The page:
A guest post by Jeff Arnold.
In the beginning, there was work.
The concept seems simple. In the beginning, God worked. He created work for us to enjoy. But somewhere along the way, work went from being divinely created to manually distorted. In a perfect world, Tim Keller writes in his book Every Good Endeavor, work provides us an outlet to put our skill set on display. That gives our lives purpose, but also provides a stage on which to showcase God’s image for the working world to see.
But then again, we don’t operate surrounded by perfection.
I once worked for a demanding and often aggravating newspaper editor who routinely came to my desk while I was reporting my latest story and enthusiastically proclaimed, “Remember, we’re doing God’s work.”
It’s an oft-used journalistic mantra, one I could appreciate and be inspired by when considered in my editor’s context alone. But when I mixed in my Christian perspective, I quickly realized I was being held to a higher standard.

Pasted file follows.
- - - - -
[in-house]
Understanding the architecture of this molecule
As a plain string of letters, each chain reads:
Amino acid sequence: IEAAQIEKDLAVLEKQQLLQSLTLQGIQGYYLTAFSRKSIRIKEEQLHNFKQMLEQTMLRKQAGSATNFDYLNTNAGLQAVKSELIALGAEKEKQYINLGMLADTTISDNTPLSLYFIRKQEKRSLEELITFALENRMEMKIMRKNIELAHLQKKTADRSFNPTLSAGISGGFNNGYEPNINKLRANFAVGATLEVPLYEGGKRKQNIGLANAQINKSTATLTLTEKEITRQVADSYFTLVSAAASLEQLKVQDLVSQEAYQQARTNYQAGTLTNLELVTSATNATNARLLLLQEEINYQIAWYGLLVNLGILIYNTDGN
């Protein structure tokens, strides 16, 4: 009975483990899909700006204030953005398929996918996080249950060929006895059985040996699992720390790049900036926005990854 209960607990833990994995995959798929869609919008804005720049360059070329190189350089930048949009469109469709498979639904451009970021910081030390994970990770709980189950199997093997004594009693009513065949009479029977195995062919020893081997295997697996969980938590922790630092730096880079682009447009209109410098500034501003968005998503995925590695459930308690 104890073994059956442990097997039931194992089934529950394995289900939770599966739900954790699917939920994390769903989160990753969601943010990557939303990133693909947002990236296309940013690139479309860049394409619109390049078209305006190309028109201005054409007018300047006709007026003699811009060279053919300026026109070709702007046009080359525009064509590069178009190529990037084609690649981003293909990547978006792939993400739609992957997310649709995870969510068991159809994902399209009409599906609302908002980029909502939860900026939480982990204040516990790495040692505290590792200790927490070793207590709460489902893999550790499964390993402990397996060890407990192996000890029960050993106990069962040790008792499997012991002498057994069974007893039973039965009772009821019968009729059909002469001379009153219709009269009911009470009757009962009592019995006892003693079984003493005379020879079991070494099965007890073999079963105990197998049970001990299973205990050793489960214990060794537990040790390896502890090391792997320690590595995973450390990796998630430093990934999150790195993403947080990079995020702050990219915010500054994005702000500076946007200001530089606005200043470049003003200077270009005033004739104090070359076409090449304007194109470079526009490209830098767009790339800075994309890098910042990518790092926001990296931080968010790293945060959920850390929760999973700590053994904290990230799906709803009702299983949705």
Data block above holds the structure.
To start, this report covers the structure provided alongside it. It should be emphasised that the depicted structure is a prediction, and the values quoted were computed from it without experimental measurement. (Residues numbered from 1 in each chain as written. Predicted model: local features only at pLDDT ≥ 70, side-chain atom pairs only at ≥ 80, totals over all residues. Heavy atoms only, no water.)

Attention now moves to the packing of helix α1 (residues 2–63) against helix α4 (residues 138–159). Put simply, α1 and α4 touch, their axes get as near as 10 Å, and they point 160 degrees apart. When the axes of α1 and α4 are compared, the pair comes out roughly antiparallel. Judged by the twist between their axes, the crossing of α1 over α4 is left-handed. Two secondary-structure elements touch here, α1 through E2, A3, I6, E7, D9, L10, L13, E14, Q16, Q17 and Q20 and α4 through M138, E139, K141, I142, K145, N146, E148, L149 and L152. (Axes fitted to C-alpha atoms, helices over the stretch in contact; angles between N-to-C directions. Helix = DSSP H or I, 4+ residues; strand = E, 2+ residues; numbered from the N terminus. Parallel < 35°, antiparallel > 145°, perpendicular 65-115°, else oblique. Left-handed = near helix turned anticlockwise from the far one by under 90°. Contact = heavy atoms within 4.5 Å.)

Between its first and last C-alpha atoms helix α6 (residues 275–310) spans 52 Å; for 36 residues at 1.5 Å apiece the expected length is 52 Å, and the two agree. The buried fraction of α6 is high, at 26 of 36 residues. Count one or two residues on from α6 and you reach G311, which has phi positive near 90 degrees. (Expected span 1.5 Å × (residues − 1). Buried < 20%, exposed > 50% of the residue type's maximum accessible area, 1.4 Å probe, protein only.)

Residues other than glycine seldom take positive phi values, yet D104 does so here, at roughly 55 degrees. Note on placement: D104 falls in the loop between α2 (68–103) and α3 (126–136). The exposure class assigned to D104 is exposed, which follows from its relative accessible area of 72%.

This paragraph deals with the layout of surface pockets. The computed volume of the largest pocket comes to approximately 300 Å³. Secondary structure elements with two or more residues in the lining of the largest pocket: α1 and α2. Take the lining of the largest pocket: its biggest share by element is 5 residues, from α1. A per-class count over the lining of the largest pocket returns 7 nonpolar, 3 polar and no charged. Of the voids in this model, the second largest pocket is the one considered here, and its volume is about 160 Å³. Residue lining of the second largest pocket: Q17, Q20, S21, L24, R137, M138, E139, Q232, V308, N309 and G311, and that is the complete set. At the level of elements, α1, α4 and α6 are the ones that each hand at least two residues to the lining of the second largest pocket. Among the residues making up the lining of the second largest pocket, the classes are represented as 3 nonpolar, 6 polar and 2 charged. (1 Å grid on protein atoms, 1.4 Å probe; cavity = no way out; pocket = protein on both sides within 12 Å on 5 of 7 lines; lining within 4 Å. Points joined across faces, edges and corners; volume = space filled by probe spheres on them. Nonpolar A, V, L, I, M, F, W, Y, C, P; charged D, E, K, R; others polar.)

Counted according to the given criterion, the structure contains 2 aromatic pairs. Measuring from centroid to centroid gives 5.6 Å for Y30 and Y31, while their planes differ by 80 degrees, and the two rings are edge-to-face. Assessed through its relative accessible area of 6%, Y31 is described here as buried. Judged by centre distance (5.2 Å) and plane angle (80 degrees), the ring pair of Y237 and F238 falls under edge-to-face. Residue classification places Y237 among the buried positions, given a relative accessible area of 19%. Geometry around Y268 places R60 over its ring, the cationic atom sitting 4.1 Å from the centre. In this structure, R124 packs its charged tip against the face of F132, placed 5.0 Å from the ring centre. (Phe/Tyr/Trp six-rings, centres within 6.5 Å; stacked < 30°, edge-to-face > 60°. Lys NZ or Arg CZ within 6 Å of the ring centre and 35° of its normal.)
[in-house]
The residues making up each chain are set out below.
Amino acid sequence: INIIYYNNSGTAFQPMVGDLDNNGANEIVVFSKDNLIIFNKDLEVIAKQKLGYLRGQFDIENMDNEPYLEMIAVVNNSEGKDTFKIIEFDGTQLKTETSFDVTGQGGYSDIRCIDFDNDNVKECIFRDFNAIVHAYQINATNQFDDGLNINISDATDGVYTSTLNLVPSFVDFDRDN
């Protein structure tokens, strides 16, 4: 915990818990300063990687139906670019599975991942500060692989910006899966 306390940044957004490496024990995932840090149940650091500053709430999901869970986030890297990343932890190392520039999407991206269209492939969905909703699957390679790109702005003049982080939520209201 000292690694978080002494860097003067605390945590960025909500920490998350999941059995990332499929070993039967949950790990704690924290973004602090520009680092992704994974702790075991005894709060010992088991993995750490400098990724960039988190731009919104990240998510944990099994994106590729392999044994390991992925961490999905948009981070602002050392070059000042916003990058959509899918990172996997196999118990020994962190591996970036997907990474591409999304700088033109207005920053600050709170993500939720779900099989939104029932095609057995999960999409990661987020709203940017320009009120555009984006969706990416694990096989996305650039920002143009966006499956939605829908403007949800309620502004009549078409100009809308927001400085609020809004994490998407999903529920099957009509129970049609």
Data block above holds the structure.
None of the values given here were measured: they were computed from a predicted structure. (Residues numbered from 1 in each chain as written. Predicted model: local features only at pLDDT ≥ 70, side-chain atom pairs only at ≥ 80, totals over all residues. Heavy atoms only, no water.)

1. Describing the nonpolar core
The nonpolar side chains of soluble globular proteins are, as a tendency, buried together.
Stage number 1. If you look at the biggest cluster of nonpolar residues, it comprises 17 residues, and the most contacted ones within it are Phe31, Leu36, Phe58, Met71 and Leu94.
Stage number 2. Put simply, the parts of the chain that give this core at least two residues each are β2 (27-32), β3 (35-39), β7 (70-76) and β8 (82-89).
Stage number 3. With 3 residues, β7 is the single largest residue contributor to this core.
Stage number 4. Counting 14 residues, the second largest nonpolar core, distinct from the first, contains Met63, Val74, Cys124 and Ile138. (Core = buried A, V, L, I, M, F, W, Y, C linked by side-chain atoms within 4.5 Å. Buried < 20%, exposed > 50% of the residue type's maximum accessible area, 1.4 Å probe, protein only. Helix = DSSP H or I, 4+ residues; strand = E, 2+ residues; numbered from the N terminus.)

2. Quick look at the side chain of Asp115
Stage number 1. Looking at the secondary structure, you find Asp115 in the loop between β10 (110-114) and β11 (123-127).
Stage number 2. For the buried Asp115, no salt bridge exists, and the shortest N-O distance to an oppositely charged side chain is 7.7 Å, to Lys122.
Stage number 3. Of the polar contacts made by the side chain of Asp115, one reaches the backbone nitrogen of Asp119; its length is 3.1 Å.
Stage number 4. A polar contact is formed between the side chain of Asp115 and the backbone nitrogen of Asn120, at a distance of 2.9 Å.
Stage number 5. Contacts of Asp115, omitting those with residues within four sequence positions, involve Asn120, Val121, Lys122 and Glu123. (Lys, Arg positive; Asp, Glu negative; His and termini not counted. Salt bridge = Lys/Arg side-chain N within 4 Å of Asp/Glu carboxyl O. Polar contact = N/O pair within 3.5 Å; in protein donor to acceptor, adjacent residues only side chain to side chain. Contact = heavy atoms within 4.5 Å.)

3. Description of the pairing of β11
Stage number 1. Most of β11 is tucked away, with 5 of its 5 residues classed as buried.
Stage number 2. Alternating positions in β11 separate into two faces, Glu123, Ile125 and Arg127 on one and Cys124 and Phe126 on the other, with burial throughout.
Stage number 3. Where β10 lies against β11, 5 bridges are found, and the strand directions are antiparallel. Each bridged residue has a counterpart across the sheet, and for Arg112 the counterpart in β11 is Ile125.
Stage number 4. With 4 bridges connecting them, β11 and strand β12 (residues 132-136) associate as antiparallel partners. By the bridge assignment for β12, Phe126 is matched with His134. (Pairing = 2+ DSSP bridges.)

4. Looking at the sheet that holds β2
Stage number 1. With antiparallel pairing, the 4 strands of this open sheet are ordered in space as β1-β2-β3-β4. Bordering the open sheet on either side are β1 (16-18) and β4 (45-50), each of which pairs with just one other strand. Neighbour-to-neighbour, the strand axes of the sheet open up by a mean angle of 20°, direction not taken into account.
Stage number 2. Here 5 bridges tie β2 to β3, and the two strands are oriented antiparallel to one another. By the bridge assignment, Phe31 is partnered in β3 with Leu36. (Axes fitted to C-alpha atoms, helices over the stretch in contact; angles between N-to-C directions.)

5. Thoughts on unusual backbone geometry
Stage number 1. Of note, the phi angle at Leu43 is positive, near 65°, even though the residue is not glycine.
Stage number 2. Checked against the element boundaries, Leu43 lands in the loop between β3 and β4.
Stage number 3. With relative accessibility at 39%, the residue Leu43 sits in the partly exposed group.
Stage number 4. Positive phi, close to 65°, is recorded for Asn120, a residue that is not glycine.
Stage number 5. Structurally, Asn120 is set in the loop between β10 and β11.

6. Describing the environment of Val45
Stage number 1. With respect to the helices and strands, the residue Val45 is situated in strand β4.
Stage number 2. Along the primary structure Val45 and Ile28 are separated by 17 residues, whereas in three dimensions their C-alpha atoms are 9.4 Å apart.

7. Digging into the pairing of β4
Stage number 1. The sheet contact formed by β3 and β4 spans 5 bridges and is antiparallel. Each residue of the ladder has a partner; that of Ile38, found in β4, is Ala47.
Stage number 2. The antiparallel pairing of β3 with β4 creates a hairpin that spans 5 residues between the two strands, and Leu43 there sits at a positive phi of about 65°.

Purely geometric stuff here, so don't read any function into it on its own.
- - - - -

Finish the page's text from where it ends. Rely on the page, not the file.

When considered divinely, God’s work becomes our work. And in turn, our work becomes God’s. But as Keller points out, if we lose sight of the reasoning behind the meaningful work God created for us to glorify Him with, work can become ugly. It can become fruitless, pointless and self-centered – everything God never intended for it to become.
For work to, well, work in our lives, it must – Keller writes – remain in its proper role, subservient to God. It must give way to not only work stoppage for bodily repair, but also for the joyful reception of the work and ordinary life.
It’s quite the high-wire balancing act.
So the question becomes simple or perhaps simply complicated. What are we working for? Who are we working for? And at the end of the day, is our working actually working?
Jeff Arnold lives in Chicago’s Lincoln Square neighborhood, where he works as a contributing writer for the Chicago Sun-Times and considers whether a second Chicago Marathon would be the end of him.